Nicolas Sarkozy is confronted with more than the messy aftermath of the Lisbon Treaty as he takes over the presidency of the EU this month. The French president also has to try to reinvigorate the stalled trade negotiations between the EU and the GCC.
The prospects for a long-awaited free trade agreement (FTA) between the two blocs are receding, according to recent public statements.
On 10 June, GCC secretary general Abdulrahman al-Attiyah announced that the six-member body would not accept any political conditions for a trade agreement. It signalled that the GCC could pull out of talks if Brussels insists on imposing human rights clauses.
In a sign of the growing hostility towards Brussels, one member of Saudi Arabia’s Majlis al-Shura, a legislative body that advises the king, says the trade talks have already dragged on for too long.
He says the GCC should instead turn its attention to striking a deal with Asian countries, which are far more important to the GCC’s long-term strategic interests.
Such words reflect a widespread feeling in the Gulf that the EU has allowed a purely commercial agreement to become politicised. The optimism earlier this year that an FTA might be signed in 2008 has largely disappeared.
A visit to the Gulf in April by EU external relations commissioner Benita Ferrero-Waldner fuelled the animosity. A well-organised lobbying campaign by Bahraini opposition groups helped ensure that human rights and democracy were high on the agenda in free trade talks with the GCC.
The attempt to re-engineer the trade agreement with a political agenda is a case of wanting too much too soon, says the GCC. “We have suggested to the EU Commission a couple of times in the past year that we should sign an agreement on what has been agreed on and then continue discussions on the details that remain,” says Abdelaziz Abu Hamad Aluwaisheg, the GCC’s director of economic integration.
The EU insists that as well as market access for goods and services and common rules on intellectual property rights, competition and dispute settlement, any agreement needs to cover issues such as human rights, the labour market and illegal immigration.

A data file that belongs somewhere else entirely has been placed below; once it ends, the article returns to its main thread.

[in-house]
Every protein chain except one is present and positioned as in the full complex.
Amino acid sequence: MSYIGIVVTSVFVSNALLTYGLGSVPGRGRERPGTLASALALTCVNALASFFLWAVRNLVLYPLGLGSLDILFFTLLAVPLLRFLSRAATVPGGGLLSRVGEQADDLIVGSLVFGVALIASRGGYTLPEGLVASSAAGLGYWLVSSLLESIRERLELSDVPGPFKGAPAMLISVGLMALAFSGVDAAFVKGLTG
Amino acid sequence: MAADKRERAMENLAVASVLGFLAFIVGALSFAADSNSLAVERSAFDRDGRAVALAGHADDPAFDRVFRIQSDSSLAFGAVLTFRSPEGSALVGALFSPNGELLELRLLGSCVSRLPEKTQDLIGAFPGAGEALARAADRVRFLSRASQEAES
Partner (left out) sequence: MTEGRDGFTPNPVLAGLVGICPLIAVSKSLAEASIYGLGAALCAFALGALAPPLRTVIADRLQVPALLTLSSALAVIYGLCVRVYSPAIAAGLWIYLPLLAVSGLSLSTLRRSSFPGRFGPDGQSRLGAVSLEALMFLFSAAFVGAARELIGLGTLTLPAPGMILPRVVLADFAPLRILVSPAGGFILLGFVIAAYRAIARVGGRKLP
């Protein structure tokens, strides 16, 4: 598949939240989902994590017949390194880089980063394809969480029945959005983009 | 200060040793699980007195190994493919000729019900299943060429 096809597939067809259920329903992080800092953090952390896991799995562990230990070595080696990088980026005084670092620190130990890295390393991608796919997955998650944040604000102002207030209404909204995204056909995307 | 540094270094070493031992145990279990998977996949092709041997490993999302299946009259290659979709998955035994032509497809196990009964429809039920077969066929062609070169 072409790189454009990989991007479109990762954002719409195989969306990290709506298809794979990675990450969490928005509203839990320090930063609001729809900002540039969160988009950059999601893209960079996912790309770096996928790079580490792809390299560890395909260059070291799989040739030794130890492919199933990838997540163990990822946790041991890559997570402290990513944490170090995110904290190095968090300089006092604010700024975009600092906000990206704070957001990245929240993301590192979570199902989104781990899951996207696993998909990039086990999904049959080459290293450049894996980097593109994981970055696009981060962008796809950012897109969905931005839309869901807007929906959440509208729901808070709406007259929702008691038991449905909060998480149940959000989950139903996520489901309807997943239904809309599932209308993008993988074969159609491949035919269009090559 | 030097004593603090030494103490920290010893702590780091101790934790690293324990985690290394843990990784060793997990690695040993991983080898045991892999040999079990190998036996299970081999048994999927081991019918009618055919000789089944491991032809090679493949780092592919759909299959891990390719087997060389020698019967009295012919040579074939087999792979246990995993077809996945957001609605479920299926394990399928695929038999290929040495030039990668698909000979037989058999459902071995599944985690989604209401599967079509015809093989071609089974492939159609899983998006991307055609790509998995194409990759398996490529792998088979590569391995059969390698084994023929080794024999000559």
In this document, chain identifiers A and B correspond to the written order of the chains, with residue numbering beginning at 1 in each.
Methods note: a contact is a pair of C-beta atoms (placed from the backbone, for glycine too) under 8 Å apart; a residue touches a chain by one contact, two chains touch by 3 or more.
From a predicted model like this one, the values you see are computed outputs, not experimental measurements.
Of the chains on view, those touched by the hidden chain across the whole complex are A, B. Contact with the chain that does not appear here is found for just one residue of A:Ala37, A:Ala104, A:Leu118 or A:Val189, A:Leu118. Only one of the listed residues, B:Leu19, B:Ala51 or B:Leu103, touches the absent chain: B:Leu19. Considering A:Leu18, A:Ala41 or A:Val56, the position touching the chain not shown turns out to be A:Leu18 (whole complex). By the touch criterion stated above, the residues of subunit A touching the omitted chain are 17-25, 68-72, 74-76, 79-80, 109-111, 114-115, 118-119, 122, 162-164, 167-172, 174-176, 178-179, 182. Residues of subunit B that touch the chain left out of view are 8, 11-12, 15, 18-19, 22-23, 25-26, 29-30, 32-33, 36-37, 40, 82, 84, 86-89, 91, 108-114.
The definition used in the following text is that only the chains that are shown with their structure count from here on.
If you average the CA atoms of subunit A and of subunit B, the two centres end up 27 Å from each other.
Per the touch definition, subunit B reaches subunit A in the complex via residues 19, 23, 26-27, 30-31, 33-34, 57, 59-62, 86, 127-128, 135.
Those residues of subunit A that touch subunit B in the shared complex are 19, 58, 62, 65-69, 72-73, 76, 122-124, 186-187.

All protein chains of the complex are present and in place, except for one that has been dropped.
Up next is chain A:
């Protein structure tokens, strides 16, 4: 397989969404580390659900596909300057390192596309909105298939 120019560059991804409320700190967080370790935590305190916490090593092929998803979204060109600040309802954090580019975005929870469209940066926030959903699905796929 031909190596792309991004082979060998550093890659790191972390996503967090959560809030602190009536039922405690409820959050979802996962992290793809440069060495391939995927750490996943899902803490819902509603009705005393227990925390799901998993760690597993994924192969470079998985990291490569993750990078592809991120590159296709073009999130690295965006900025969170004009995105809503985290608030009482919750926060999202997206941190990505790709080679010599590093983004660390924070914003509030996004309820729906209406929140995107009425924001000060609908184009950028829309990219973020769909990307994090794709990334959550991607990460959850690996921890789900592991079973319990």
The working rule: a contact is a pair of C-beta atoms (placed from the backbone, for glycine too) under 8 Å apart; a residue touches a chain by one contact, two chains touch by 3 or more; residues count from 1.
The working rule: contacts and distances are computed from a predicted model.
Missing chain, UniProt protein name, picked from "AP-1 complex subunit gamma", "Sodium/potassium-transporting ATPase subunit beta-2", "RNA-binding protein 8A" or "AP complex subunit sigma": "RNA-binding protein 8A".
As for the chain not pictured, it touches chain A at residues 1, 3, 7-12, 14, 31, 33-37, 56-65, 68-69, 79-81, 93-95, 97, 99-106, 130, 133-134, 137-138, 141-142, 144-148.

There is little reason to believe that any substantive progress can be made on these latter issues in the near future. Although human rights are always on the agenda at meetings between the GCC and the EU, the wording of the communiques that follow barely changes from year to year.
The most recent meeting was held in Brussels in late May, after which the two sides did little more than reaffirm their “respect for human rights and democratic principles”.
Gulf negotiators hope that France will now steer the EU talks back towards trying to remove the remaining economic barriers.
The main negotiations for the world’s first ever FTA between two customs unions began in earnest in 2002. Since the beginning of 2006, the pace has accelerated, particularly in 2007, when five negotiating rounds took place.
Brussels remains upbeat about the chances of a deal being reached. “Good progress has been made in the negotiations and now we are very close to an agreement that has the potential to open doors for new investment and new trade beyond what both sides have offered through the WTO [World Trade Organisation],” says Peter Power, spokesman for EU trade commissioner Peter Mandelson.
The aim is for a trade deal that grants preferential treatment and greater market access for both sides. The EU already absorbs about 10 per cent of GCC exports and supplies about 30 per cent of its imports. In all, EU-GCC trade totalled $129bn in 2007. Of this, $91bn comprised EU exports to the GCC and $38bn GCC exports to the EU, leaving a trade surplus of $54bn in the EU’s favour.
“The FTA will bring deeper and more stable trade and investment relations between the Gulf region and the EU, and new trade and investment opportunities to economic operators on both sides,” says Power.
Other than human rights, the outstanding issues for the EU are in the areas of market access and export restrictions. A recent paper from London-based thinktank Chatham House, Prospects for an EU-Gulf Co-operation Council Free Trade Area, argues that access to the market for services in the GCC is the key prize for Brussels. This is in line with the new EU trade policy of targeting emerging economies and energy producers, using preferential agreements as the main instruments for improving trade.
With more limited ambitions, the GCC wants to sign up to what has already been agreed and to leave more substantive issues to be covered later.
GCC negotiators are adamant this does not mean they are trying to block progress.
“We are in a hurry to sign the agreement, not because it would make major changes to the economic relations but because we want to get it out of the way and get down to the business of the GCC-EU relationship,” says Aluwaisheg. “The EU has brought up minor technical issues and political clauses that we thought were settled years ago. That is what triggered the secretary general’s recent reaction.”